Enabling a successful smart meter roll-out


The UK government needs to reduce the country’s carbon emissions, increase its use of renewable energy, secure the future supply of energy to meet demand, and fulfil current European Union (EU) initiatives and regulations. A successful smart meter roll-out will help support these aims as it will allow consumers to make more informed choices about their energy use and consumption, helping them to reduce emissions and save money. The government estimates that over the next 20 years, the roll-out of smart meters will deliver around £7 billion net benefits to consumers, energy suppliers and networks. With so many potential benefits, David Green, SmartReach, believes  simplicity is the key to a successful smart metering roll-out in Britain

Smart meters will be installed in more than 30 million homes and small businesses before the end of 2019. Making this process as efficient as possible is important to the success of the government’s initiative because from 2014, an estimated 30,000 meters will be deployed every day. An essential component of the smart metering system is the communications network that will connect customers’ meters to their energy suppliers and distribution network operators. It is imperative that everyone benefits from the deployment of these new meters which have the ability to provide useful data for both consumers and the utility companies. The success of the roll-out depends on it happening quickly and efficiently, and consumer engagement must remain strong throughout for all the potential benefits to be reached.

It’s a matter of simplifying the roll-out
It is important to consider the unique challenges in Great Britain for smart metering communications, not least the need to reach meters in all homes, including those in “hard to reach” locations such as basements and cupboards, where meters are typically located. To combat this, and in an attempt to close coverage “gaps”, some proposed communications solutions combine multiple technologies. However, the use of an unproven technology or one that is not fit for purpose in the UK, could lead to additional costs and delays in connecting smart meters in each home.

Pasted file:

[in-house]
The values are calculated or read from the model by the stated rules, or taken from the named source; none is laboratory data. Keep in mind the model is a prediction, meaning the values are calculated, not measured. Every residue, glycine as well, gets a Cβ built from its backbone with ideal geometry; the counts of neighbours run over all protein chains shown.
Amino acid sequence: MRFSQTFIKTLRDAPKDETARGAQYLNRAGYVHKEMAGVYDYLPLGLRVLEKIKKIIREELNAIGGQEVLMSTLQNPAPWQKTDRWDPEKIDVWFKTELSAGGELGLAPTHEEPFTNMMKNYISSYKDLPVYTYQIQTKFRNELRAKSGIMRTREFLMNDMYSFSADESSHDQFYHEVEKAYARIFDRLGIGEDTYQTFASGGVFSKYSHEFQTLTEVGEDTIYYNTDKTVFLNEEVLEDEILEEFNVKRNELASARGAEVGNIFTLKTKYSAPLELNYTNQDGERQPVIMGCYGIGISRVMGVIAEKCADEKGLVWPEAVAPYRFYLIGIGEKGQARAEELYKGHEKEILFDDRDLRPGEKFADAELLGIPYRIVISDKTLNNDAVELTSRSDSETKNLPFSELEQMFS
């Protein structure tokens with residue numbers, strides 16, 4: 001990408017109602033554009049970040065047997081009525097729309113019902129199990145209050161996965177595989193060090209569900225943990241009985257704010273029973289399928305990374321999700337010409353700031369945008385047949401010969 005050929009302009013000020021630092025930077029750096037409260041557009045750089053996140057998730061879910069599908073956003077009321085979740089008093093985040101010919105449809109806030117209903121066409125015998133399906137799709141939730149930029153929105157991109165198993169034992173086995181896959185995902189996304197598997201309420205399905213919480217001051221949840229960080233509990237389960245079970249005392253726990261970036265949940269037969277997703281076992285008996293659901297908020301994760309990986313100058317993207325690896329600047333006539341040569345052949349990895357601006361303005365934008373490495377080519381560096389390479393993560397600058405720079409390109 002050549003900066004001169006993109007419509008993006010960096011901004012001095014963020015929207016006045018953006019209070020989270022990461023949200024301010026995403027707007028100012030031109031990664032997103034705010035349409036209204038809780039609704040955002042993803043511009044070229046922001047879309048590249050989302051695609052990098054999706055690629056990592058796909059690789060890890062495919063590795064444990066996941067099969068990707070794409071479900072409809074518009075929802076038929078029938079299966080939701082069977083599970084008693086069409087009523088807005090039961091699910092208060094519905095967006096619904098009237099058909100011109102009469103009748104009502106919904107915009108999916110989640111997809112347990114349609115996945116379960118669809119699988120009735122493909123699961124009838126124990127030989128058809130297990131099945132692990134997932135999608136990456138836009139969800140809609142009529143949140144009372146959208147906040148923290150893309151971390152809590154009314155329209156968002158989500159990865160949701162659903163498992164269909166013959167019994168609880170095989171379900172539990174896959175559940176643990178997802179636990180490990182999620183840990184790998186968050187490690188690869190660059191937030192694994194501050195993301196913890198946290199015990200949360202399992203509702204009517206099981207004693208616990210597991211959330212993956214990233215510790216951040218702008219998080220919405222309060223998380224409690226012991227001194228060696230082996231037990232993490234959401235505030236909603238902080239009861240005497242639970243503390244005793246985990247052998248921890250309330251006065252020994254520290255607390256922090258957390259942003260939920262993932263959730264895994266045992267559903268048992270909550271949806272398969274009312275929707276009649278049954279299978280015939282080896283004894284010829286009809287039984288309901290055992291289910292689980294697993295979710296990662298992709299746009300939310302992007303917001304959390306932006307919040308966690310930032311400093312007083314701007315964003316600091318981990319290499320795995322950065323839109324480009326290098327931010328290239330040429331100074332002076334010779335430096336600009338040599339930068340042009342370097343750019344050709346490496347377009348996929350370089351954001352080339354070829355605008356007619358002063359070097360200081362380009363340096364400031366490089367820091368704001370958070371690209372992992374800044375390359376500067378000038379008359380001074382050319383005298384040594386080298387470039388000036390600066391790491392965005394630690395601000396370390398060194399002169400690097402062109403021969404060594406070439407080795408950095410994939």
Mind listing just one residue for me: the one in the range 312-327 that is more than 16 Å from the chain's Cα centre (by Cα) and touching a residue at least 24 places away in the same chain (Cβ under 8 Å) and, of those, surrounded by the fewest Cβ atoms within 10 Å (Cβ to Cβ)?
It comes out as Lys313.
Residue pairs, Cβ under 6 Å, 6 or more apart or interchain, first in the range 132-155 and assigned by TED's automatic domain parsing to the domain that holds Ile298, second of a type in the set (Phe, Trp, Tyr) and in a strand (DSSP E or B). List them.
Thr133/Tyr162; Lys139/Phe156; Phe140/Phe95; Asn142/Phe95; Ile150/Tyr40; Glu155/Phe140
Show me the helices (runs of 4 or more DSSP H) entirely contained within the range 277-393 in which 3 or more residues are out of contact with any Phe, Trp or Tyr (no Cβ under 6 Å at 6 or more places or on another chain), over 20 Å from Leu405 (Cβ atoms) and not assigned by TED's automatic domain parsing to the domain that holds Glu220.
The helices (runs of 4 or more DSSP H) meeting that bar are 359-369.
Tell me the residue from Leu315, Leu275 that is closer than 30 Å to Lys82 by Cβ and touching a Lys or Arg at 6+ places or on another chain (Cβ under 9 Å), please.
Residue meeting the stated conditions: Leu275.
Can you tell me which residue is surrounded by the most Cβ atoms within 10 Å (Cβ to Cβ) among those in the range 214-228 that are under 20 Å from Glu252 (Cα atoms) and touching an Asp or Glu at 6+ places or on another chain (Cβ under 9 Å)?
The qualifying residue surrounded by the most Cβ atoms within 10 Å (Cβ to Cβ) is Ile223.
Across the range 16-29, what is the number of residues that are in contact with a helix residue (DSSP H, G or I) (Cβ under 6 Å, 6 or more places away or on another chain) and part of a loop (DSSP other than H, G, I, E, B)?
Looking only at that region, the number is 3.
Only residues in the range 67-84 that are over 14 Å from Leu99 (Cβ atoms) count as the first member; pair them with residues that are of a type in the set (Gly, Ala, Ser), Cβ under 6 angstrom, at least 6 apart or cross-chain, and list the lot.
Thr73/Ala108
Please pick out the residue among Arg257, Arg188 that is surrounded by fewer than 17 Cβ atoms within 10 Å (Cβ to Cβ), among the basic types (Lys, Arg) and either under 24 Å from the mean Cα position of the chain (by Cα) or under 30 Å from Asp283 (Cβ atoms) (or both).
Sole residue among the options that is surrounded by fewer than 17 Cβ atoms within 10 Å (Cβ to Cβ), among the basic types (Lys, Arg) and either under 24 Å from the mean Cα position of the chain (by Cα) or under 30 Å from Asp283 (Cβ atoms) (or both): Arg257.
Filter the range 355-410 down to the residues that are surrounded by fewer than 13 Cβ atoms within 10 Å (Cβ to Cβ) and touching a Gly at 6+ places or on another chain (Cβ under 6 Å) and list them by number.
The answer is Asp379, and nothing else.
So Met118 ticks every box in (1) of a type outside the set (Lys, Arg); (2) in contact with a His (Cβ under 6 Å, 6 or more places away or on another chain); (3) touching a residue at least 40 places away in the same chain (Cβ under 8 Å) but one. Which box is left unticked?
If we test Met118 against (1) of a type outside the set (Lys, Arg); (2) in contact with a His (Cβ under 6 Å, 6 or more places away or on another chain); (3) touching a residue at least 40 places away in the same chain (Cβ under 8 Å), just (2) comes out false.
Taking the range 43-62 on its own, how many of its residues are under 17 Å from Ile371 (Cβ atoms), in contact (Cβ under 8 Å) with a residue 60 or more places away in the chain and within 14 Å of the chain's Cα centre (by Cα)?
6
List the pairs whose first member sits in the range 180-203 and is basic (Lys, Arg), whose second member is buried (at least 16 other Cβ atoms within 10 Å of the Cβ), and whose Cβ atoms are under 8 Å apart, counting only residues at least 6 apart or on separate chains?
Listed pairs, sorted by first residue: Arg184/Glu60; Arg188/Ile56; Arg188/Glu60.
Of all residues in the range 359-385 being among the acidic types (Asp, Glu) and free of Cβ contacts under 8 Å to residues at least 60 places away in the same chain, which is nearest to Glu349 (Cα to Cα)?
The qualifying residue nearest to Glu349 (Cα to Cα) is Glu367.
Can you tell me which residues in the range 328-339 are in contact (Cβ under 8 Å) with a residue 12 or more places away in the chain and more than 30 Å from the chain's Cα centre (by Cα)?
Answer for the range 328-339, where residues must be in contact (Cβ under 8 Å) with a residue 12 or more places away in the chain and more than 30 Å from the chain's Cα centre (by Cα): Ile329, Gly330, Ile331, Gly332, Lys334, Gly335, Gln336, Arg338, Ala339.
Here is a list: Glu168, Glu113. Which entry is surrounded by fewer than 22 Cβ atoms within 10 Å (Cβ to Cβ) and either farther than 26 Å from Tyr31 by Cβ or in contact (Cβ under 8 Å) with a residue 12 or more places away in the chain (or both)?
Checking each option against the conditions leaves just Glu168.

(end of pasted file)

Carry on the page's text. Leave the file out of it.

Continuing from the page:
While other proposed solutions would rely on a combination of, often unproven, technology for metering, long-range radio has shown through various trials that it’s possible to connect smart meters wherever they are, first time, using a single communications technology. As part of SmartReach’s trials with ScottishPower starting in 2012, over 99% of meters in trial areas in Scotland and Ipswich were connected with a single installation visit to each home. The Scottish trial covered meters located outside and deep inside buildings, in basements and flats across rural and dense urban areas. For example, the trial in Lochwinnoch, replicated the types of rural location that alternative communications networks like cellular typically find hard to reach. Densely populated Glasgow presented a different kind of communications challenge, with meters located deep inside buildings, including basements, but even here long-range radio is proven to connect with a single installation visit.

The success of the Scottish trial was achieved before network optimisation by SmartReach, which would further increase the connection rates, and without the use of so-called secondary ‘infill’ communications technology or any other special communications solutions. It is vitally important that the technology that is used for smart metering in Great Britain has been proven to successfully connect to meters in all types of locations and buildings under the unique conditions in Britain.